A new technique has been revealed that uses liquid metal to cool high-end graphics cards, giving greater reliability and faster processing.
The system uses liquid metal moved over the graphics processor via an electromagnetic pump. It evaporates and is recondensed within the system to give thermal transfer rates over 65 times better than water, according to its creator Sapphire Technologies.
"Liquid metal is non-toxic, non-flammable and completely environmentally safe," said a spokesman for Sapphire.
"Our new cooler is a compact, low-profile design using only one additional PC slot. Filled and sealed, it requires no user intervention, no reservoir or refilling and it is card-resident so it requires no additional mounting space."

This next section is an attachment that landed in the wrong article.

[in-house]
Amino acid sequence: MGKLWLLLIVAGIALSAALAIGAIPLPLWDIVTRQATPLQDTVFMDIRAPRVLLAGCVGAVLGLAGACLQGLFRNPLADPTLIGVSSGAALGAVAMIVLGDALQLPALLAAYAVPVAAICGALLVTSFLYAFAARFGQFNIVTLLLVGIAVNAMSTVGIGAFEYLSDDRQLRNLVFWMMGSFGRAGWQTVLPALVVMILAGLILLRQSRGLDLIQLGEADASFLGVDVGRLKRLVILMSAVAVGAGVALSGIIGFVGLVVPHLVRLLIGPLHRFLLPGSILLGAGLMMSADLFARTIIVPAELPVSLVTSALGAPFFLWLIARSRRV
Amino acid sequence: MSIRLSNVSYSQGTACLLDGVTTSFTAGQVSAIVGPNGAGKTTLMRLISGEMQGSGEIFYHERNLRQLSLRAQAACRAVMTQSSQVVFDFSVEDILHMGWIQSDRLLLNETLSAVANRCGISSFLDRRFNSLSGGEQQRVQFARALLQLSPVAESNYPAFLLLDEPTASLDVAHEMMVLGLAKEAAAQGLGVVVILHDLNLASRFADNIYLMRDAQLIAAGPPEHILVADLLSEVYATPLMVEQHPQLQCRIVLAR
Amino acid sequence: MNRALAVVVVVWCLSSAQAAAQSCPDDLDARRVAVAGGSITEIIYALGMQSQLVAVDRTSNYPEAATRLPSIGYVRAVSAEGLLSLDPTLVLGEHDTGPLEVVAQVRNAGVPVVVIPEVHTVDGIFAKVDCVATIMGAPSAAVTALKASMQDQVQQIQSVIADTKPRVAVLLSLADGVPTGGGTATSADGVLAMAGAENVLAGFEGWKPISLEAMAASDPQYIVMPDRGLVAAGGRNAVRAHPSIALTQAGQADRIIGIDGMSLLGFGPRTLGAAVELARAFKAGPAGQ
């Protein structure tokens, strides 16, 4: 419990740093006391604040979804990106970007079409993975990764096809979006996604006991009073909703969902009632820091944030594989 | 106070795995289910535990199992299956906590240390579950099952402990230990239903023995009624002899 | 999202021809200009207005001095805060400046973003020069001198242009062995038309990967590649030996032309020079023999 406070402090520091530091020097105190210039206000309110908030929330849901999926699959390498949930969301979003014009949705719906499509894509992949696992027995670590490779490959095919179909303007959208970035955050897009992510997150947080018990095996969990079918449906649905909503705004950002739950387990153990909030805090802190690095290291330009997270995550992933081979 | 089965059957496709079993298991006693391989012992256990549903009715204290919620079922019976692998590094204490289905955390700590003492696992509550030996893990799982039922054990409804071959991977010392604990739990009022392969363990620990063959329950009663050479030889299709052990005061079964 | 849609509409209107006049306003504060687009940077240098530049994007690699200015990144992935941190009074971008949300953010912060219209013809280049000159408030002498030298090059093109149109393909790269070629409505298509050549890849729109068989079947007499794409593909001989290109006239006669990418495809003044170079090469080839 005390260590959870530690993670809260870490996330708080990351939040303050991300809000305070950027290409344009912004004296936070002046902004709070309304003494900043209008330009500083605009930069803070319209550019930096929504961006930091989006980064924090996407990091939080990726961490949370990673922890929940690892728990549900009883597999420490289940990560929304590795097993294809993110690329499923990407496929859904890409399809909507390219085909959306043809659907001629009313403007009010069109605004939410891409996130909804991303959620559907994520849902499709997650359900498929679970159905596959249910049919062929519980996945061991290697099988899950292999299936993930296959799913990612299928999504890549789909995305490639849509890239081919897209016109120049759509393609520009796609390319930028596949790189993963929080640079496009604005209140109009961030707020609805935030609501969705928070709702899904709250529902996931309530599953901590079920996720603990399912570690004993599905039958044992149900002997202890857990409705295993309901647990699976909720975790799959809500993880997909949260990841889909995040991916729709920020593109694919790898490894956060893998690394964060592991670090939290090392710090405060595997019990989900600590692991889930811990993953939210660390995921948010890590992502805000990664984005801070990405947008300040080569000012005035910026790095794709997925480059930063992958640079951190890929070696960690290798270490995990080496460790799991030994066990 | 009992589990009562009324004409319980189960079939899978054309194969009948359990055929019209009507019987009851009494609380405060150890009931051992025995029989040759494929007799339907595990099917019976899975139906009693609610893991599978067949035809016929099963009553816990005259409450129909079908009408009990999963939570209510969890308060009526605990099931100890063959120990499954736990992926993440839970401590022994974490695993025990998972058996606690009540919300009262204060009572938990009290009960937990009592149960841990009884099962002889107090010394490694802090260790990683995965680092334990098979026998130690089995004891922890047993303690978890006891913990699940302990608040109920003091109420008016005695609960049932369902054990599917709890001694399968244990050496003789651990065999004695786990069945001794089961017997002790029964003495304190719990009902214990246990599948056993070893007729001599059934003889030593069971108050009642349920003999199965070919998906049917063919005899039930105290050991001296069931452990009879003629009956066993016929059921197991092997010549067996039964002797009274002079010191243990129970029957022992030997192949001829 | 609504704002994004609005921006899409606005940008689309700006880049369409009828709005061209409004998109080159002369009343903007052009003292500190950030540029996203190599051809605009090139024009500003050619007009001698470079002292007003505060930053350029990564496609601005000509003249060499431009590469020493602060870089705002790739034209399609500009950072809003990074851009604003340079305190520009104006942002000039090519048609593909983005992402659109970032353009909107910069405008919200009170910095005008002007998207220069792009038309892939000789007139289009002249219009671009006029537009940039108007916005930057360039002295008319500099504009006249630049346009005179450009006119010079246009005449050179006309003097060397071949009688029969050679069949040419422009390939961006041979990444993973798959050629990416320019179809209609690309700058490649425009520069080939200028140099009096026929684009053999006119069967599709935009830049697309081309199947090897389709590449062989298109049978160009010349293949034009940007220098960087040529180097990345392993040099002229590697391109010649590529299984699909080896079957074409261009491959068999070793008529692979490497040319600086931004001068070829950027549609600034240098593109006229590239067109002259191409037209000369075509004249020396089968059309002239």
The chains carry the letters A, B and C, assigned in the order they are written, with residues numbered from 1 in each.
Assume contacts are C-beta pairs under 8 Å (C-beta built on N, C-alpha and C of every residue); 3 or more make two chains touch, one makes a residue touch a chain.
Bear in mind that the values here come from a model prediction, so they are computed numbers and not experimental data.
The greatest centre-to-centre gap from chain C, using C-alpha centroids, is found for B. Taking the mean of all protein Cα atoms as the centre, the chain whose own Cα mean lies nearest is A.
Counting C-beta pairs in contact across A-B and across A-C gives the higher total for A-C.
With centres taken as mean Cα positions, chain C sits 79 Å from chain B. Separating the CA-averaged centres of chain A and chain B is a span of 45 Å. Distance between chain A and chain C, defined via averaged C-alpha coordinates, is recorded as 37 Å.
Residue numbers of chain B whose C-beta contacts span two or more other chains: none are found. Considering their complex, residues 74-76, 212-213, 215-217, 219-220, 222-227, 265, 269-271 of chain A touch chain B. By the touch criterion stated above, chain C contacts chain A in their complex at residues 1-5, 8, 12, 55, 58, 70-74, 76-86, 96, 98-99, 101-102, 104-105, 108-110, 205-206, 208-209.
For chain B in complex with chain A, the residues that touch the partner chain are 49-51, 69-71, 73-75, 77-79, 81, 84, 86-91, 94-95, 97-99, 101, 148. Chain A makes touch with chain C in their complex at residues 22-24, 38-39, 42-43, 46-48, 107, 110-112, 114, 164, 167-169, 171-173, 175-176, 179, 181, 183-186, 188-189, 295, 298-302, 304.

The first cards to use the system, the Blizzard Radeon X850 XT and X850 XT Platinum Edition, will be released in July. Sapphire is to extend the technology to other cards as soon as possible.
No details of the actual fluid used are available at present, but it is thought to be some kind of metal/polymer hybrid.
Graphics card cooling is becoming an increasing problem for manufacturers, as the processors run faster and hotter.
Water cooling is used in certain cases and in 1999 defunct PC manufacturer Carerra sold a Freon-cooled gaming PC, but this is the first time liquid metal has been used in a standard PC format.
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